To the campus community and all who love Carolina:
Last week, I wrote about the sweet aspect of the bittersweet tenure vote. Now, I write about the bitter. Like all of you, I am deeply saddened that Nikole Hannah-Jones will not be joining us in Chapel Hill. Her choice is the best for her and for the many students she will teach at Howard. For us, even in the triumph of our collective voice, it is a defeat and a win for those who want to see a radically different UNC-Chapel Hill from what we have now, one that is much less diverse, both in demography and in scholarship.
No matter what decisions the Board of Trustees or Ms. Hannah-Jones have made, the assaults on this campus will continue. Right now, a legislature controlled by one political party appoints, either directly or indirectly, every member of the Board of Governors and every member of the Board of Trustees with the exception of the student body president, who serves by virtue of the office. The Democratic governor’s ability to participate in these appointments was stripped in 2016 upon his election. This hyperpartisan reality means that our administrative leaders, namely the chancellor and provost, are in a position where they cannot transparently lead or autonomously make decisions for our campus. We have seen this over and over with Silent Sam, with campus reopening plans, with vaccines, with professor Eric Muller and the UNC Press Board, and with the tenure fight for Ms. Hannah-Jones. The legislative budgetary process makes withholding raises or attending to buildings that need repair the choice method of punishment when this university gives voice to its values. Even as I write this, I am worried as to whether I am doing the right thing in speaking out. A world-class research university, the key economic driver for the state, and the reason that Apple and all the rest want to locate here, cannot continue to function this way.
In yesterday’s News and Observer, a group of former trustees took out a full-page advertisement that made “The Case for Carolina.” They laid out in detail the great contributions this university makes to the well-being of our state and indeed the world. They focused on science and health contributions and, of course, there are so many more parts of a Case for Carolina: the arts, the humanities, teacher education, our top-ranked departments in philosophy and comparative literature, just to name a few. But a case is not enough. The next step must be a coalition, A Coalition for Carolina. Years ago, a similar effort, The Coalition for the Public Trust, came together to make sure that Blue Cross and Blue Shield remained a nonprofit that served North Carolina citizens, not a for-profit company’s shareholders. It was an incredible effort, and it worked. Such a coalition must come together again. We desperately need a group of concerned citizens, legislators, business leaders, people of faith, members of the philanthropic community, former trustees and alumni to use their resources, voice and influence to reform a governance system that has become toxic. As faculty, staff and students we can and must do the hard and painful work around equity and inclusion that this moment calls for. However, we cannot make meaningful, lasting change when we are beset by crisis after crisis, most of which find roots in the governance structure.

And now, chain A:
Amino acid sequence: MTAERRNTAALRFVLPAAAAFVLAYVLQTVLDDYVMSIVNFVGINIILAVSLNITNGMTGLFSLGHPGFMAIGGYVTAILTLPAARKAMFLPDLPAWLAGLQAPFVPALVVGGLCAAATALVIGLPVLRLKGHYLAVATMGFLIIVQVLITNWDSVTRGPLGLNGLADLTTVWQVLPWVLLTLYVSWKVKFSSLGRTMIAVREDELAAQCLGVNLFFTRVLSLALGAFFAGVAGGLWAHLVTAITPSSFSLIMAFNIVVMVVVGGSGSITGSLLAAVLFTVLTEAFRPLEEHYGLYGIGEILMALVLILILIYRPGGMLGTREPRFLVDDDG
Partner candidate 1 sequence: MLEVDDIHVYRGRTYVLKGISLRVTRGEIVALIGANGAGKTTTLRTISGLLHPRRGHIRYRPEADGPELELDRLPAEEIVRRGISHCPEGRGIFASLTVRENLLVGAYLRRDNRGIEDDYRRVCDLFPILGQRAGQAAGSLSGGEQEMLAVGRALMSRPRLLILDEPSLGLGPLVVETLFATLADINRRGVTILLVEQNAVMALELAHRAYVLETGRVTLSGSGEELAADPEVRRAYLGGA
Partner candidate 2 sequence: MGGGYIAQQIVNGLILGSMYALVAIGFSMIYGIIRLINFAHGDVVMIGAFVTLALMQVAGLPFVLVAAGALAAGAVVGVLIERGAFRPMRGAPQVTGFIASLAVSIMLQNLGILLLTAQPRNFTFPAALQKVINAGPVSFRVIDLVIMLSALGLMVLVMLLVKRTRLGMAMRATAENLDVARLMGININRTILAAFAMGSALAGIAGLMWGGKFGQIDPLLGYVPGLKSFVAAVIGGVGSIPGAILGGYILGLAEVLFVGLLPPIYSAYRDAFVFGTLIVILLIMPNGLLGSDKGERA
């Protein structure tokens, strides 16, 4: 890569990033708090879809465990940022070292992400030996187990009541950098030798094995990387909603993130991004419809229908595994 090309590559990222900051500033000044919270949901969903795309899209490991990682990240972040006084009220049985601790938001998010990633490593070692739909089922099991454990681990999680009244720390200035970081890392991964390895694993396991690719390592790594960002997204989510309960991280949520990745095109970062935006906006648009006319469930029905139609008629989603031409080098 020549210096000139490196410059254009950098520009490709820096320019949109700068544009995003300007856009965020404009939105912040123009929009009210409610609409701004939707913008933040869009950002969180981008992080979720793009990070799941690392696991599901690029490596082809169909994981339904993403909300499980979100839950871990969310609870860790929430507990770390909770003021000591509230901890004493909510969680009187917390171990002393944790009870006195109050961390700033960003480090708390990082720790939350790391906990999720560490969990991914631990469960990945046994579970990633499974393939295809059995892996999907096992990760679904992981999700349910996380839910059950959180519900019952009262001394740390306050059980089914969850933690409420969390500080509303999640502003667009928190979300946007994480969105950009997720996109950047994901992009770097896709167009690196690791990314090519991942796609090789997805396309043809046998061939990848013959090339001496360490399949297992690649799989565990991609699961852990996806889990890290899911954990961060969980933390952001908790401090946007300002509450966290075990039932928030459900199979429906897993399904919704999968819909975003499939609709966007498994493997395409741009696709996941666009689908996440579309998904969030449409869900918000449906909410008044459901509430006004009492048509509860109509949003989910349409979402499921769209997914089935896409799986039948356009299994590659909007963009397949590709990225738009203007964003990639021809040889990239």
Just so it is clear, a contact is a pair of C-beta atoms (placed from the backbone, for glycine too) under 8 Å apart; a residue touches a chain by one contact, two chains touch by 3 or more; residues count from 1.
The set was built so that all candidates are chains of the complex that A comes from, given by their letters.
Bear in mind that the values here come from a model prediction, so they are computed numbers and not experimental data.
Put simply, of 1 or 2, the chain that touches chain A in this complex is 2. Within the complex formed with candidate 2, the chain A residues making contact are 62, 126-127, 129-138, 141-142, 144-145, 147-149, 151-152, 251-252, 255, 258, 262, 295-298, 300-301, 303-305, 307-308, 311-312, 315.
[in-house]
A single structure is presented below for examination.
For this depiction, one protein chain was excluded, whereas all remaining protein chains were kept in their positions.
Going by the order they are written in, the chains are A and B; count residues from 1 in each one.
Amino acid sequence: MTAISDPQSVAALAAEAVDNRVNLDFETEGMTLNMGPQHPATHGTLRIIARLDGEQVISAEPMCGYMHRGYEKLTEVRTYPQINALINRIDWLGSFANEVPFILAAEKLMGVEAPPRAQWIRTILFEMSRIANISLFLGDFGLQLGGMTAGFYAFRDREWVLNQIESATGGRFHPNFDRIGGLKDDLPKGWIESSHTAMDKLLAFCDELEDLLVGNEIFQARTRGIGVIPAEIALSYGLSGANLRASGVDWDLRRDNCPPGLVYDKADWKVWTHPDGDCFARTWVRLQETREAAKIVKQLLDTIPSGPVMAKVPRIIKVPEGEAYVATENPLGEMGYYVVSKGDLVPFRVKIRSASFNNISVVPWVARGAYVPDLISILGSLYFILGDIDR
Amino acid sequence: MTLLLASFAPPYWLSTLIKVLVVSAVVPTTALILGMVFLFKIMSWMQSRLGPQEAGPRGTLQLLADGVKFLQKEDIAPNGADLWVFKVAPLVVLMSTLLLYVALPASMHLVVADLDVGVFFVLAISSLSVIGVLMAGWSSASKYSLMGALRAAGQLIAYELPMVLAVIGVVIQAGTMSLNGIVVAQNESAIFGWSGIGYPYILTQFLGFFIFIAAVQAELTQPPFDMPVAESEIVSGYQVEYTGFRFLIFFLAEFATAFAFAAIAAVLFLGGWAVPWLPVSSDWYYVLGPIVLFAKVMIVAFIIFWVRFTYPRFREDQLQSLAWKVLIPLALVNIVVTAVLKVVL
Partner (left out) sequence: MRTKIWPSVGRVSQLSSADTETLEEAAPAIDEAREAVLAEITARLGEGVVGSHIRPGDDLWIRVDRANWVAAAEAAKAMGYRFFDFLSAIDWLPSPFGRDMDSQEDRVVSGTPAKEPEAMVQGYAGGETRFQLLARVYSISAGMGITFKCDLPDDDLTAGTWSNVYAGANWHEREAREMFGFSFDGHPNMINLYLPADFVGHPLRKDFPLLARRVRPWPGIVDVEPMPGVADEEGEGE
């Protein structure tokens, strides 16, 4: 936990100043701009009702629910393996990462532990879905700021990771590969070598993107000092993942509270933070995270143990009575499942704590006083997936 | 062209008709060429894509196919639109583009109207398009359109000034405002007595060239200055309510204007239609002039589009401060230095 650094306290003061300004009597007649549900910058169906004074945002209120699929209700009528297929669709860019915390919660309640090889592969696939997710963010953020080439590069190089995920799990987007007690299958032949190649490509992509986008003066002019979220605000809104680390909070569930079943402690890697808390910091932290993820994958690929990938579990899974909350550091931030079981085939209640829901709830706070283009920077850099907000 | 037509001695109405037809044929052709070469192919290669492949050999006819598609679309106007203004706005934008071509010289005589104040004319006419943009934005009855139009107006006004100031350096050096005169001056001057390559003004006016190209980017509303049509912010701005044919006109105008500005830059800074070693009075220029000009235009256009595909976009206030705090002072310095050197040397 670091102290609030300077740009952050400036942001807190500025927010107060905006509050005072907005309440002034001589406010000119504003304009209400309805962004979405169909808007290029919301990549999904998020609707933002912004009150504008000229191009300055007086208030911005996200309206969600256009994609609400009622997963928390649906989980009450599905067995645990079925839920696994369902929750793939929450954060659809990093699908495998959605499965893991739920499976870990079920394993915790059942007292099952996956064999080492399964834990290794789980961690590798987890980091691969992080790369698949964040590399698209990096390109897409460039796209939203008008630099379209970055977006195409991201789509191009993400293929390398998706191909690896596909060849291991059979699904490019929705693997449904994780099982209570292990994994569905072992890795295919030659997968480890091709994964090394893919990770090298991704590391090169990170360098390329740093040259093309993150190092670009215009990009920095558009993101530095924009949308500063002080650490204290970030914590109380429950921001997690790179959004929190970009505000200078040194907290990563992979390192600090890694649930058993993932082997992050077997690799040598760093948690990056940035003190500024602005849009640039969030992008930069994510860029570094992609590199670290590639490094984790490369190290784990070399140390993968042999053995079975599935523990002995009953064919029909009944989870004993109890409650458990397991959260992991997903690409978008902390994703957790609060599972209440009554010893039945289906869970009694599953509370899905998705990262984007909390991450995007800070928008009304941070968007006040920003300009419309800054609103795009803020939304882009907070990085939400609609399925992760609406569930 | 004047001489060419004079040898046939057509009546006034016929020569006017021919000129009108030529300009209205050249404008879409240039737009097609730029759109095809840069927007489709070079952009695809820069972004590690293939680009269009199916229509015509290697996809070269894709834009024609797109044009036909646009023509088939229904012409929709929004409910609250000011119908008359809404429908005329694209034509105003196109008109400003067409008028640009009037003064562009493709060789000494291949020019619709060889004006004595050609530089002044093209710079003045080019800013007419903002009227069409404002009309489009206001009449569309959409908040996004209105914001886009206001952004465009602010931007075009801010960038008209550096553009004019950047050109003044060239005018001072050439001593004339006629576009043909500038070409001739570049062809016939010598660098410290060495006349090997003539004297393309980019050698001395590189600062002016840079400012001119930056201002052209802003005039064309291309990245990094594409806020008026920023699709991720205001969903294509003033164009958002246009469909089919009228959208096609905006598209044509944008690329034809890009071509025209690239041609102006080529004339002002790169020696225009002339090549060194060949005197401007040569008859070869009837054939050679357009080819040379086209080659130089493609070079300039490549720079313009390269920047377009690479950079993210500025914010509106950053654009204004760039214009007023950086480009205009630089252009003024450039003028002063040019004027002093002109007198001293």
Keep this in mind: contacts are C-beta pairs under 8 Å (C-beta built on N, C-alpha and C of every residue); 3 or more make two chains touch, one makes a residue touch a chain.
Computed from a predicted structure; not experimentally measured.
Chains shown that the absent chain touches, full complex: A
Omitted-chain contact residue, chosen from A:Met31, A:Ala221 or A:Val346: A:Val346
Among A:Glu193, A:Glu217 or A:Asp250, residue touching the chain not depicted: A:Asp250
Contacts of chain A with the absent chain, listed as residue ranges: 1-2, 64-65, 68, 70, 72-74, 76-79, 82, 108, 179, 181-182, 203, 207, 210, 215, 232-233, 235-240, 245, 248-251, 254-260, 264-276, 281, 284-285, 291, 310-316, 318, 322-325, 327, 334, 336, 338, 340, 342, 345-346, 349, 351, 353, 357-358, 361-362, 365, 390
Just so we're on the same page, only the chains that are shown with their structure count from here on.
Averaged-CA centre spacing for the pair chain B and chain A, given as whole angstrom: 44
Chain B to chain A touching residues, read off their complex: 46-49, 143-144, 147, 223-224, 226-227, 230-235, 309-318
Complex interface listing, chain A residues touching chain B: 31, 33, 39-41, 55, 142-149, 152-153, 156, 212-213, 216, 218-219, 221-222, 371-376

I recognize that this call will win me few friends among our current governing bodies and for that I am sorry. I am always willing to listen to anyone who calls or writes to me. But not exposing the truth of this situation helps no one. For the last five or more years, the strategy has been “do not poke the bear” in order to protect this or that budget allocation. It is not working. Our salaries are still much lower than our peer institutions, and many of our buildings are safety hazards. The current Senate budget does not include promised allocations for renovations to even non-controversial areas such as the Schools of Nursing and Business. Most importantly, the current governance structure means that we are unable, as an institution, to live our values. The faculty, staff and students cannot change this situation alone. We need all those that love Carolina to come to our aid in a concerted, organized, sustained effort to reform the way our campus is governed and chart a forward course. Let’s create a Coalition for Carolina and find our way out of this mess. Contact me and let’s make this happen.
Mimi V. Chapman, MSW, Ph.D.
Frank A. Daniels Distinguished Professor for Human Service Policy Information
Associate Dean for Doctoral Education
School of Social Work
Chair of the Faculty, The University of North Carolina at Chapel Hill
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